Under the hood, you have a new S6 processor. Apple states this processor will enable the watch to run smoother and for longer. To be exact, these models are designed to run 20% faster than the Series 5. Another factor that has remained the same over the years is the short battery life. You’ll get 18 hours of juice at best, so prepared for daily charging.
One of the main reasons the Apple Watch Series 6 is a worthy competitor against the new Galaxy Watch 4 is the health-focused features. You’ll now have tracking for blood oxygen saturation (SpO2) levels as well as built-in sleep tracking. The latter was a long time coming, but it has finally made its way to the Apple Watch. There’s also an always-on altimeter that can continuously track your indoor and outdoor elevation changes in real-time.
The Apple Watch Series 6 rounds out its health focus with some useful fitness features. The company launched a new subscription service called Apple Fitness+. This service offers a plethora of workout options that can be easily accessed from your different Apple devices. During a workout, you can see your real-time metrics on your screen of choice.
An Apple Watch wouldn’t be an Apple Watch without a variety of smartwatch perks. You can opt for a model with LTE connectivity, which means you’ll be able to send messages, takes calls, and stream media without your phone’s connection. Other smartwatch perks include NFC for Apply Pay and Siri voice assistant. Of course, you’ll have excellent third-party app support, thanks to the company’s robust app store.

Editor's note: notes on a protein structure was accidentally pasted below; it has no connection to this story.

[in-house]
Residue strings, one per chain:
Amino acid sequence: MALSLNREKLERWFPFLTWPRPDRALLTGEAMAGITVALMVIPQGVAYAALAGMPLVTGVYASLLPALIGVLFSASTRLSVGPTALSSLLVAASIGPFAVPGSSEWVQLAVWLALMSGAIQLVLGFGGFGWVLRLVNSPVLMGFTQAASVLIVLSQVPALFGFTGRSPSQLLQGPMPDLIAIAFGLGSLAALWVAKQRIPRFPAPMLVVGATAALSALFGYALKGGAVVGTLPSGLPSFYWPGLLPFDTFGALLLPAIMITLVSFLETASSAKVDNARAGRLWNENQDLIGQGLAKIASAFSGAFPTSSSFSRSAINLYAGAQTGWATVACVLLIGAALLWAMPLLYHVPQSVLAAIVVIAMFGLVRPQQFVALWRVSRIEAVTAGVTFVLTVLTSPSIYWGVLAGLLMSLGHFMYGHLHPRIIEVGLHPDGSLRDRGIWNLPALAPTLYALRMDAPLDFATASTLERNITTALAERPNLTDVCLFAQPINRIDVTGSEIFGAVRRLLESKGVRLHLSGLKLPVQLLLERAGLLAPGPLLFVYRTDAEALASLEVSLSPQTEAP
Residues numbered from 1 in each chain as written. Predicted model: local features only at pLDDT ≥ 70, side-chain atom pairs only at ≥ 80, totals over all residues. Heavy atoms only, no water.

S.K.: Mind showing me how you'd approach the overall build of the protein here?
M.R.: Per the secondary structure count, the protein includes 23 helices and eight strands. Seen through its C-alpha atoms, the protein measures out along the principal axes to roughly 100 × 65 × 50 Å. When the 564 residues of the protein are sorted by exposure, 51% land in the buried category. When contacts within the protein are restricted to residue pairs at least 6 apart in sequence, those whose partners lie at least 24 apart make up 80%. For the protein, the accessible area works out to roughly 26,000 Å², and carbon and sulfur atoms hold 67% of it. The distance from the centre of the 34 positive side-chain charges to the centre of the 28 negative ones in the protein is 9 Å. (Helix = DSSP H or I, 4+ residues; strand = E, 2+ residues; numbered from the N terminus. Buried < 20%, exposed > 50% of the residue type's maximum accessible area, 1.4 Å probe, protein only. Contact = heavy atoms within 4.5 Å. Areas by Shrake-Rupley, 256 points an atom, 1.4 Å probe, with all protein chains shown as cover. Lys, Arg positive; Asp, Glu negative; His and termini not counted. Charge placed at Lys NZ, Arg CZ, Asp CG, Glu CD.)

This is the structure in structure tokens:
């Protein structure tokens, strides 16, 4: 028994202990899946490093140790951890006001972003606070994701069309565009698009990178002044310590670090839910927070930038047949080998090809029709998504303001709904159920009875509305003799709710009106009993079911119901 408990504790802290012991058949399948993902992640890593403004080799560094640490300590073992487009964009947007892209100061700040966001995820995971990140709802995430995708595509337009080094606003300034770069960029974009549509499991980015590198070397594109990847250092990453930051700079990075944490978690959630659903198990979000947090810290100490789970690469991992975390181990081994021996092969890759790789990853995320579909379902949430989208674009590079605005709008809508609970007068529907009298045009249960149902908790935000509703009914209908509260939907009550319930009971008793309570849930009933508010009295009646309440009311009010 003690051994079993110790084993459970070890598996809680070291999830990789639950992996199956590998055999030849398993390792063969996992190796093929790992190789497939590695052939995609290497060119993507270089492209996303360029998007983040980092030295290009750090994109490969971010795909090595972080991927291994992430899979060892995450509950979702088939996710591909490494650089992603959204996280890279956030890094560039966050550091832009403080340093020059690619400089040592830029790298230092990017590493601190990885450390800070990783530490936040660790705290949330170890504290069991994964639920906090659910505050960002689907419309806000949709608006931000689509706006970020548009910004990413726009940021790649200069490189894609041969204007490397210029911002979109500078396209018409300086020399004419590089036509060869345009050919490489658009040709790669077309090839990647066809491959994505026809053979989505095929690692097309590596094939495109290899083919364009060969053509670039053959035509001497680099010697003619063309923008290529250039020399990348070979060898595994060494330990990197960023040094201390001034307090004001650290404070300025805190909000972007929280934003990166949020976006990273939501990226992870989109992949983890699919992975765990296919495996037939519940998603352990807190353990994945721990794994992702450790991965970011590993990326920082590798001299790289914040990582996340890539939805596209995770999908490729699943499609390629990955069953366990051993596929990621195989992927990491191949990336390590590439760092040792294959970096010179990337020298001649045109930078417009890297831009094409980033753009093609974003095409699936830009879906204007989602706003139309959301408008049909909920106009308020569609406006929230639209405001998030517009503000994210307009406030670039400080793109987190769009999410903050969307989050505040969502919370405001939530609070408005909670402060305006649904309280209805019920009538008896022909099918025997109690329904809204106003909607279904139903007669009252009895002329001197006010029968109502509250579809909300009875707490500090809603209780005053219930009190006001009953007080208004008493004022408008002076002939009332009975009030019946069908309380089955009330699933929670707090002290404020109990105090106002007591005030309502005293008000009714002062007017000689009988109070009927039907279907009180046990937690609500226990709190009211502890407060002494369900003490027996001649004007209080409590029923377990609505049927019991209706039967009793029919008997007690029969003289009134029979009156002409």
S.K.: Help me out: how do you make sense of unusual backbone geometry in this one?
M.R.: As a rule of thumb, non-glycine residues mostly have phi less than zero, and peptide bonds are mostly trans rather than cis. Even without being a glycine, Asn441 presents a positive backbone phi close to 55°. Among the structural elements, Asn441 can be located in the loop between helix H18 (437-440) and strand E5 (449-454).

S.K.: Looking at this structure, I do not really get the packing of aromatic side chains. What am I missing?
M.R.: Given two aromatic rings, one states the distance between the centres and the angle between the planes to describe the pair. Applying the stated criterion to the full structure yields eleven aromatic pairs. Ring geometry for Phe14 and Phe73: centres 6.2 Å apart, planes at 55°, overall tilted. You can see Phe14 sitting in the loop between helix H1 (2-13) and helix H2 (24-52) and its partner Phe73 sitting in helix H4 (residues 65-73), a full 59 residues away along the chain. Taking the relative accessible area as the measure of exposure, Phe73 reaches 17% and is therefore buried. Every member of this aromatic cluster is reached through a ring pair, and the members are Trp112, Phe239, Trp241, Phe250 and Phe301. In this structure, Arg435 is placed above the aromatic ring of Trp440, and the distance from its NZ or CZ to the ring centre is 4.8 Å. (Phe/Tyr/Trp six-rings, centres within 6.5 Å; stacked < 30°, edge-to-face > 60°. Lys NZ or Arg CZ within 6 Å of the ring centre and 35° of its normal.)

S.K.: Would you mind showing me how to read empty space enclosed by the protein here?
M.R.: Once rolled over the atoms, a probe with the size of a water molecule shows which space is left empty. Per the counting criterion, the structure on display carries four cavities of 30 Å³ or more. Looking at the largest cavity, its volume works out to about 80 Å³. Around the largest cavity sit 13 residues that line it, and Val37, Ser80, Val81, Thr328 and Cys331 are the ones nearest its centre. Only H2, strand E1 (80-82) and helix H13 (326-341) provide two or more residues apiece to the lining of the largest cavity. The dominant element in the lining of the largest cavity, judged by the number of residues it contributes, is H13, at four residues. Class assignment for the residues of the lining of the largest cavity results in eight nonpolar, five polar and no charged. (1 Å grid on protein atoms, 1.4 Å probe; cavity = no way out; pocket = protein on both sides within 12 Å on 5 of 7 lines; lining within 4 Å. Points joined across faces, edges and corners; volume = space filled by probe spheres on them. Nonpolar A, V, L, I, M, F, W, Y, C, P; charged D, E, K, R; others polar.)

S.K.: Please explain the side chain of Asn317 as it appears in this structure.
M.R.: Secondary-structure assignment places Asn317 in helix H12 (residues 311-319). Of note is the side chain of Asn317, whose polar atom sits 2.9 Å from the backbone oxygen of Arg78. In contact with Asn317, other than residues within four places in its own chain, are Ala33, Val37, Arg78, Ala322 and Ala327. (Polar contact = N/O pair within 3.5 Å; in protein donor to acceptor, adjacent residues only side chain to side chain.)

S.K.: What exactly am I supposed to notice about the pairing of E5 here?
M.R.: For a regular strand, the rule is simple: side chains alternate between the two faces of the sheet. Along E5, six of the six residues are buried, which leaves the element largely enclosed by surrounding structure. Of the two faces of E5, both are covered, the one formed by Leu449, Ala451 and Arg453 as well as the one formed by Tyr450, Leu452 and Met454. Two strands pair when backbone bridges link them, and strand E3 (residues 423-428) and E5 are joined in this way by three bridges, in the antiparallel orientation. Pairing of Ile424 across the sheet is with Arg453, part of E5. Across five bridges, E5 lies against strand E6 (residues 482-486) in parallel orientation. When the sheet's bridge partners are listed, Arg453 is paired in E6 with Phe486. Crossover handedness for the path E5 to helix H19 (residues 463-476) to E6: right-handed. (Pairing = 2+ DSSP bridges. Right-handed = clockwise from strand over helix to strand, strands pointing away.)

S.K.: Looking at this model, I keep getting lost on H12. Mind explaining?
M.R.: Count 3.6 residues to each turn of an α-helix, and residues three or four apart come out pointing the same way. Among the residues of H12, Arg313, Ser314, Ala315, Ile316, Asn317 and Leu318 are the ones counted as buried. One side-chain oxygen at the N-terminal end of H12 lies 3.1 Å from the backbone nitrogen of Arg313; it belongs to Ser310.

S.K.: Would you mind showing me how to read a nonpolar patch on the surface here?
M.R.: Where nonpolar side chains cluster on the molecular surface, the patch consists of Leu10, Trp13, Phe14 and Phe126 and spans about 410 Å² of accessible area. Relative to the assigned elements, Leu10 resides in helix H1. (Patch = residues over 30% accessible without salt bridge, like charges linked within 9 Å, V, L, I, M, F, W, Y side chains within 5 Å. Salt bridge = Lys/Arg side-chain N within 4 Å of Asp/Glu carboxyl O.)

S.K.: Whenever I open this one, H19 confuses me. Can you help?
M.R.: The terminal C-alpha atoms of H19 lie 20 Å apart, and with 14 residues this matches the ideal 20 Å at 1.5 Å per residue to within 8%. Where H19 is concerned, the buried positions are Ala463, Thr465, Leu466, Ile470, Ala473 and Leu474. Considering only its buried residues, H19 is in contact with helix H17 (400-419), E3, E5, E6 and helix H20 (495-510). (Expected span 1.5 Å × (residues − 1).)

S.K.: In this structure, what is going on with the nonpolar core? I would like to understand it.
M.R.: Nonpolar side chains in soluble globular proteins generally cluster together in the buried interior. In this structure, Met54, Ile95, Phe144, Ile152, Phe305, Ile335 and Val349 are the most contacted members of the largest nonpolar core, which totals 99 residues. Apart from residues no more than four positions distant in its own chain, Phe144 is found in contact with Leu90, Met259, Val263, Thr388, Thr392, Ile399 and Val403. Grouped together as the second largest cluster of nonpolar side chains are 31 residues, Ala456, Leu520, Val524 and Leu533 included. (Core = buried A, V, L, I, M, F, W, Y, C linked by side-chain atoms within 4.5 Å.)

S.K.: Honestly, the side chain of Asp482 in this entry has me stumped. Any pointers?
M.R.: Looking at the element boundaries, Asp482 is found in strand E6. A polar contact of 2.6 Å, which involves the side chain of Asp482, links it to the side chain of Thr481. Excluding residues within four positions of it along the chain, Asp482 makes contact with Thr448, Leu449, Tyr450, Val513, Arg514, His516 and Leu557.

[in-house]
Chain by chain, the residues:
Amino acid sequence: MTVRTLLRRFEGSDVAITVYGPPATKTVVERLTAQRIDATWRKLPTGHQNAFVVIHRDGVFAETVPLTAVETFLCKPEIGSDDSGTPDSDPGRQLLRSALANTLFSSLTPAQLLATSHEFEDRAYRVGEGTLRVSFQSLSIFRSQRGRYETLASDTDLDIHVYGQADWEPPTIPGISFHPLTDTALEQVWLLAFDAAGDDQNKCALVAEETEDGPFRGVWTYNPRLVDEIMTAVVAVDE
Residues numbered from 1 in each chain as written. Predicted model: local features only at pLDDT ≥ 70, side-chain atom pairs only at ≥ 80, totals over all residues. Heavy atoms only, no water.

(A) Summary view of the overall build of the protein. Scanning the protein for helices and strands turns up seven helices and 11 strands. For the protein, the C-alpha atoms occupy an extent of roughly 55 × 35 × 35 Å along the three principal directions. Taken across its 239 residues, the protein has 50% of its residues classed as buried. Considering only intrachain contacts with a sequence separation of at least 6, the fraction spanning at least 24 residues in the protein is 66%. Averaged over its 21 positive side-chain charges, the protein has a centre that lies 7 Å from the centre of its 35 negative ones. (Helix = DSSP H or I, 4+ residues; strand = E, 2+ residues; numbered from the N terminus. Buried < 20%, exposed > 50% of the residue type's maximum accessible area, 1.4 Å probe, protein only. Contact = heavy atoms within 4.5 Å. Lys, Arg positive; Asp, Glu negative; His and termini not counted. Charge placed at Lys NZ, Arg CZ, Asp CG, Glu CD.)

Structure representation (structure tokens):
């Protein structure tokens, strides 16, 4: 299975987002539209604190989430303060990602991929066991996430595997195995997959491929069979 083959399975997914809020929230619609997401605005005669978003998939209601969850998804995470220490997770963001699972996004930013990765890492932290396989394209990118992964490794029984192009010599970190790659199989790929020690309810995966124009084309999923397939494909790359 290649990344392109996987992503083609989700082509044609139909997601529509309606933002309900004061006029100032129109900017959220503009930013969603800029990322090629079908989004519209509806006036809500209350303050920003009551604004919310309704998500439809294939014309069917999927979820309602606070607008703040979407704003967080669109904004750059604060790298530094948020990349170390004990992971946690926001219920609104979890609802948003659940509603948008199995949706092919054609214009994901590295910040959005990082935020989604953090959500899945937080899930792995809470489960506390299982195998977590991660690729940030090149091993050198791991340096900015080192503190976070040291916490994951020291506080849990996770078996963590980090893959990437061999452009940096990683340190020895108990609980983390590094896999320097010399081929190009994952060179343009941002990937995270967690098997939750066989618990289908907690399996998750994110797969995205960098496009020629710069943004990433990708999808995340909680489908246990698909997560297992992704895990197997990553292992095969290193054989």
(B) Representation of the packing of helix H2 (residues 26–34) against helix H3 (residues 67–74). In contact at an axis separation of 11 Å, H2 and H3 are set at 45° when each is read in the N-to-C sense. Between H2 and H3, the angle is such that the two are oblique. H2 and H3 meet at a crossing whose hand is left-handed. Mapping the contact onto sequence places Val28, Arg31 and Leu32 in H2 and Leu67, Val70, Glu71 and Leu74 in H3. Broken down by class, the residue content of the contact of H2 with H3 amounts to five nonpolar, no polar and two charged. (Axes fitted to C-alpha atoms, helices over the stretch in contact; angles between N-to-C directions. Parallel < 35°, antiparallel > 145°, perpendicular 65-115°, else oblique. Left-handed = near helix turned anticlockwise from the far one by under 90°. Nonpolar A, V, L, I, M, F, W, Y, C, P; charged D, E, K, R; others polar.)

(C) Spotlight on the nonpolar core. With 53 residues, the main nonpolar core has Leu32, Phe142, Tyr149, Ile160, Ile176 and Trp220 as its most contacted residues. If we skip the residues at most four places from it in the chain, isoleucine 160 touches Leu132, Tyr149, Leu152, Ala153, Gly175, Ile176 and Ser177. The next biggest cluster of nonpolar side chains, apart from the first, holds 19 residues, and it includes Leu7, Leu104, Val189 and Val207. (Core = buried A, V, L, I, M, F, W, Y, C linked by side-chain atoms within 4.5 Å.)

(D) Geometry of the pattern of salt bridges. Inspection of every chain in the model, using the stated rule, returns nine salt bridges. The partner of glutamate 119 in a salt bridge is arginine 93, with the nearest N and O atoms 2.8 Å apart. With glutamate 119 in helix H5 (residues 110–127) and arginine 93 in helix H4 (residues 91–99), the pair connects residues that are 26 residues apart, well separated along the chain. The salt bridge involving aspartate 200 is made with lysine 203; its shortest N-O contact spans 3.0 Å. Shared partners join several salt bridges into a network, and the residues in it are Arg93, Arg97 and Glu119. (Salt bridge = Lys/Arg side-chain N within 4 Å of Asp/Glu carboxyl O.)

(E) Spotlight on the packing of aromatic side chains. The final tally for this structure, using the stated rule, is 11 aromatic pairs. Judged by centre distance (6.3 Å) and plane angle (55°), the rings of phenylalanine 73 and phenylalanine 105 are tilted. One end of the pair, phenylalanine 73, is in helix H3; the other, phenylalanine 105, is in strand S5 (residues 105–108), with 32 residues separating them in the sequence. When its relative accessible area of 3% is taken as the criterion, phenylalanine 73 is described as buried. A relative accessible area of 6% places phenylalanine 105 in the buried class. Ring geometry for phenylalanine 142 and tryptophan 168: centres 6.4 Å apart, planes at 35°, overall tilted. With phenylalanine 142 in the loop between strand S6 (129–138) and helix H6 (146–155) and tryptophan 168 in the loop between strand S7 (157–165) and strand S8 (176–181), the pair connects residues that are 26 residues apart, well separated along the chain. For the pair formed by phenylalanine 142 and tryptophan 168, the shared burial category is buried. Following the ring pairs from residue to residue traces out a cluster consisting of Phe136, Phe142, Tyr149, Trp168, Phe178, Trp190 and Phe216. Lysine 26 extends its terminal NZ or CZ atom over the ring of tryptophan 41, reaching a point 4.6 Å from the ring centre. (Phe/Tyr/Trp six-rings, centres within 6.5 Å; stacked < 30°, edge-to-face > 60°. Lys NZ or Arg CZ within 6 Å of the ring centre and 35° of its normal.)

Samsung Galaxy Watch 4 vs. Apple Watch Series 6: Does Android finally have its Apple Watch competitor?
It’s a polarizing topic, especially since the Galaxy Watch 4 is a brand-new release that still needs to be properly tested and reviewed. However, it’s safe to say that the new Samsung Galaxy Watch 4 series is in a perfect position to compete with the Apple Watch. Of course, they each have their drawbacks, but Android users (preferably those with Samsung phones!) will likely be pleased with all the Galaxy Watch 4 has to offer.
With all that said, iPhone users don’t really have much of an option when choosing between the Galaxy Watch 4 and the Apple Watch Series 6. As of now, there’s no iOS compatibility for the Galaxy Watch 4 models. However, we don’t know when or if that will change, so the Apple Watch Series 6 is the better choice for iOS users by default.